So, the perfumes. I have smelled the current version of Madame Rochas and will exempt it from the discussion—reformulation has distanced it too much from its original composition to be considered the same perfume. The current version of Calèche (eau de toilette, parfum, soie de parfum) is considered by some to have been killed by reformulation. I disagree. I find the current version simply trimmed in the Jean-Claude Ellena style, like the other ‘classic’ Hermès perfumes such as Equipage and Bel Ami . Still for this discussion I am comparing a 1989 Madame Rochas Parfum de Toilette and a pre-1978 Calèche Eau de Toilette, both in excellent states of preservation.
The shape of the two perfumes is very similar in the topnotes, but Calèche is the more concise of the two. Its layers of notes are more tightly kempt than Mme. R which leans toward richness and a juicier layering. Both are expansive at the outset, but become less so as the aldehydes, so bright in the topnotes, become soapier and less forceful in the heartnotes. In both perfumes the aldehydes fulfill their traditional goal of amplifying and lifting the floral notes that form the central bouquet of the perfume. There are a number of aldehydes used in perfumery and they vary quite a bit, but the aliphatic aldehydes that are used in this genre have a similarly ‘lifting’ effect in floral perfumes. (For an excellent lesson on aldehydes, see Elena Vosnaki’s Perfume Primers: Aldehydic Florals for Beginners at The Perfume Shrine.) Neither perfume is vaguely minimalistic and the mix of floral notes when amped by aldehydes is complex and wonderfully difficult to reduce to any specific flowers. The floral elements of both perfumes form a swirling bouquet, though both jasmine and rose peek out a bit more, similarly to the way they anchor the floral mix in both Chanel 5 and Jean Patou Joy.
The differences of the topnotes become more pronounced over time and despite a similar start, the perfumes grow more distinct in the heart and basenotes. Calèche’s focus on woody notes keeps the composition tight and focussed. The floral topnotes become boxed in by the dry, woody notes that come to define the borders of the fragrance’s drydown. There is a coolness to the woods, a fir or pine note, that gives the perfume a leathery quality and brings it in line with another Robert perfume, Equipage, which would be Hermès’s next release in 1970. This compact woody-floral quality nailed to a leather backdrop can make the perfume seem a bit stern and unsmiling, but the same can be said of Chanel 19, the definition of austere luxe. A bit of aloofness seems appropriate to the Hermès brand, whose clientele at the time were more focussed on the equestrian life than world peace.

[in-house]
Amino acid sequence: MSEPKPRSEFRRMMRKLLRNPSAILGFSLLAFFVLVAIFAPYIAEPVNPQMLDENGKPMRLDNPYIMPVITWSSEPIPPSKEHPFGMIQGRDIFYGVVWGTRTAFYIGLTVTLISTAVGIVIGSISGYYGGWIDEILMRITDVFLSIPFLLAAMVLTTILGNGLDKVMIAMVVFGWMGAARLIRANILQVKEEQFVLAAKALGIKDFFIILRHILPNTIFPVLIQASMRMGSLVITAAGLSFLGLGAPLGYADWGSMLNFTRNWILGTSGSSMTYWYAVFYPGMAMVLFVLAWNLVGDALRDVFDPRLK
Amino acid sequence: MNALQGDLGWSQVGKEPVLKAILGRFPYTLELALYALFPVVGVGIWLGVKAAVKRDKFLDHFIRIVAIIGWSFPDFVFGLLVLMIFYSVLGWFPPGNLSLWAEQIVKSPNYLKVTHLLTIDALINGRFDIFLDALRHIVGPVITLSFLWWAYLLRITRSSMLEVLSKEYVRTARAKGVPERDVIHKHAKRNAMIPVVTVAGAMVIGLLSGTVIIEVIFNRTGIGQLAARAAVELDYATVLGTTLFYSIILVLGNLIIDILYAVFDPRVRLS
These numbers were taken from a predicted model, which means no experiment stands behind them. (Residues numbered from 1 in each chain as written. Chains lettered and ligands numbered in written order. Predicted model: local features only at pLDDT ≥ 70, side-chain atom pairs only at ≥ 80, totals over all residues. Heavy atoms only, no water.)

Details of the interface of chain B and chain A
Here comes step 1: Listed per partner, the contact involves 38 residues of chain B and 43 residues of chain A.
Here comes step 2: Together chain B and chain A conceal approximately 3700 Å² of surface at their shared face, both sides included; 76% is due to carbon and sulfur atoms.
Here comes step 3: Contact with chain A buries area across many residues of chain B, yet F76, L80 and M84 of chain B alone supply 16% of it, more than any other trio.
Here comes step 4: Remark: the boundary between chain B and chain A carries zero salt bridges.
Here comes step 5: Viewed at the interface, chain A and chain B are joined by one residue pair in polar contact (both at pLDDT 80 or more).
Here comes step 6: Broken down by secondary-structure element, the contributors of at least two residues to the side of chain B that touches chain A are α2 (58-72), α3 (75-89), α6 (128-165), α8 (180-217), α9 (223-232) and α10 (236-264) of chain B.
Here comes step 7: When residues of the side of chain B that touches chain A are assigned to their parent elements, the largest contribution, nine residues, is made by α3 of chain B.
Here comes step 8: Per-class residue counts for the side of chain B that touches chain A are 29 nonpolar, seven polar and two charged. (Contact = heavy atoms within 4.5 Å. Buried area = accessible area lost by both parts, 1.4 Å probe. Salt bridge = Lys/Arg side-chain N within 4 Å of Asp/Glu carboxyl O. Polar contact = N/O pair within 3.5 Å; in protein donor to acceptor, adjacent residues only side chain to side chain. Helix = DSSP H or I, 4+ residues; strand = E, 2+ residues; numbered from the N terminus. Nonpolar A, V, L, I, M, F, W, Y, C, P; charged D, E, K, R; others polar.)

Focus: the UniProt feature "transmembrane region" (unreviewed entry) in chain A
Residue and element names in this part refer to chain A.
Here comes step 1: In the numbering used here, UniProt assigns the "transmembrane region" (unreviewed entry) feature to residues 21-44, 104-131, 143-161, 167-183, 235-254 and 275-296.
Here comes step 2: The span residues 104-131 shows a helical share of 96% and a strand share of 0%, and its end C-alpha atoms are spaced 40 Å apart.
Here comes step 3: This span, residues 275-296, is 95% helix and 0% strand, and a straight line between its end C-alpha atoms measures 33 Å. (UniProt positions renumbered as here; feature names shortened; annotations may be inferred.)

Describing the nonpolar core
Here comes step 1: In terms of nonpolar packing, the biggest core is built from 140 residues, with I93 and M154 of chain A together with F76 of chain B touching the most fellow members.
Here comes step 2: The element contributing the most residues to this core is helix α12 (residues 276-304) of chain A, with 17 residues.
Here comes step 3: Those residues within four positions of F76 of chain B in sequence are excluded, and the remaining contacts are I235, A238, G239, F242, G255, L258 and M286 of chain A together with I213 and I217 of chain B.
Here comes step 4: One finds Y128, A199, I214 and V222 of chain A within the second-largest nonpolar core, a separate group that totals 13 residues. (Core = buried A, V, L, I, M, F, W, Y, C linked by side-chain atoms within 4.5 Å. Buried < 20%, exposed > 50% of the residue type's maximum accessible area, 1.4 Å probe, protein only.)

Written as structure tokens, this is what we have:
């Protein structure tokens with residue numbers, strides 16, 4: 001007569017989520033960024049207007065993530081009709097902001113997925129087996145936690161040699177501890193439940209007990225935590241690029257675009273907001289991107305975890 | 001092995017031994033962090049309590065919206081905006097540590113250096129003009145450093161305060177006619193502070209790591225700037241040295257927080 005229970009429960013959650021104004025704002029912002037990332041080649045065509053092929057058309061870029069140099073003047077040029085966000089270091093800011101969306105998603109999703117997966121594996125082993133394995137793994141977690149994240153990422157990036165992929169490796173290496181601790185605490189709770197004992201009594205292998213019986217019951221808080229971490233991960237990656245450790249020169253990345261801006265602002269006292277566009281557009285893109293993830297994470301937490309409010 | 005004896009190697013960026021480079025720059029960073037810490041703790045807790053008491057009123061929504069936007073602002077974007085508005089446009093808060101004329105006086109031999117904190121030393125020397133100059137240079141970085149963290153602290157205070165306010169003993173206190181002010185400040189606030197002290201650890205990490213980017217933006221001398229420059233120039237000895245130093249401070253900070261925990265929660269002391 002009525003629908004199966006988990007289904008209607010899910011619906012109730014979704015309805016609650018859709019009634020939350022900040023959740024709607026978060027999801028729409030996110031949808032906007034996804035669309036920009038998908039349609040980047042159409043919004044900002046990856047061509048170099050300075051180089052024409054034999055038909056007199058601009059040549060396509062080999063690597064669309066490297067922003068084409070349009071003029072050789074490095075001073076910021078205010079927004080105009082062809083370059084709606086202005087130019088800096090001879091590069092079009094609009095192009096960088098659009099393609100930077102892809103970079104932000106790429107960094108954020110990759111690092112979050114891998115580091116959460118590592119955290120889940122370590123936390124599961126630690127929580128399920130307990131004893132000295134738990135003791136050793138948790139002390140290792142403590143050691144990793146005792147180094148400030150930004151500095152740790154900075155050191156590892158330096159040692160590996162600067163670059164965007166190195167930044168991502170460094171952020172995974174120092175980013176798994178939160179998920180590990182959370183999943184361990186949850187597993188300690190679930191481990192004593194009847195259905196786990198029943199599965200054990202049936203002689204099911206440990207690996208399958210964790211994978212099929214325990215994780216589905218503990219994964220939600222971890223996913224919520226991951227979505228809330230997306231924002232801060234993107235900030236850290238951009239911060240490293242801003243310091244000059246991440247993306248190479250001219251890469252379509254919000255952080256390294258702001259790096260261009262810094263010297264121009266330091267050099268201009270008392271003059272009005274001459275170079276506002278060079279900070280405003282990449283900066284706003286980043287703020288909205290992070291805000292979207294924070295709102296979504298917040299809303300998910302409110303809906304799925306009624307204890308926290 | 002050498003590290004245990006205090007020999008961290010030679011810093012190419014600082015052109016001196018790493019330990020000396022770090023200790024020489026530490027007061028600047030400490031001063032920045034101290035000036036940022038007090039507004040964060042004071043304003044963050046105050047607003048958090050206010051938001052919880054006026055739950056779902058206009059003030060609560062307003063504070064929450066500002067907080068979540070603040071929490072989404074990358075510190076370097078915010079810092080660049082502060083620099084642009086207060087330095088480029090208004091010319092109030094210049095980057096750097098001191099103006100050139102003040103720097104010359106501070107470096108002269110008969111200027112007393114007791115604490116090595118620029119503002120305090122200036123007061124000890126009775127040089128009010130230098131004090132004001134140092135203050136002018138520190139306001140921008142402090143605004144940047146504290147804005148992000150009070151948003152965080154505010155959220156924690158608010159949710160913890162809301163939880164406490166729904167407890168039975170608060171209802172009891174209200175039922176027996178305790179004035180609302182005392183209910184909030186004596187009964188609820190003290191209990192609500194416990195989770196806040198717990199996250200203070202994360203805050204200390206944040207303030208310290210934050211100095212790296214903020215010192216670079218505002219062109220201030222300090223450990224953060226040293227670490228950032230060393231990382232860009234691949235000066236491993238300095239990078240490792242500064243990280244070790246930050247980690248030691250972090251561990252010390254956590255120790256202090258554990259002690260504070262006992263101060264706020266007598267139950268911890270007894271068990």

Calèche retreats from an expansive opening and settles into a sensibility of composure and restraint fairly quickly. Madame Rochas instead rushes forward, using the effusive topnotes to springboard into a much more lyrical and unbridled tone. Its aldehydic quality is waxier than Calèche and ties more to the languorous side of the floral bouquet—oily ylang and narcissus, earthy muguet. It gains a rich, dusty and vanillic aura in the drydown. Where woods defined the scope of the florals in Calèche, Madame Rochas has a powdery, resinous drydown that was typically found in the orris and tonka base of floral-oriental perfumes.
Mid-century French luxury and fashion were highly coded in their own symbolism and vocabulary. Their meaning in terms of social etiquette and class distinction is happily lost on me. Reformulation arguments aside, Madame Rochas and Hermès Calèche are relics of their time. They were embedded in customs, aspirations and genders that have a natural history museum-like quality to my 21st century post-queer perspective, but I find them beautiful and fascinating in their own rights. They also fill in the picture of the language that perfume creates not with each sniff, but over time. Mme. R and Calèche would have been fascinating to smell at the time of their release. Did women find them similar? Distinct? What would they have made of Guy Robert’s later work such as Equipage, Amouge Gold Woman and Gold Man? Following the work of an individual artist is an interesting way to look at a whole field of work and Robert has left us an exemplary set of guideposts.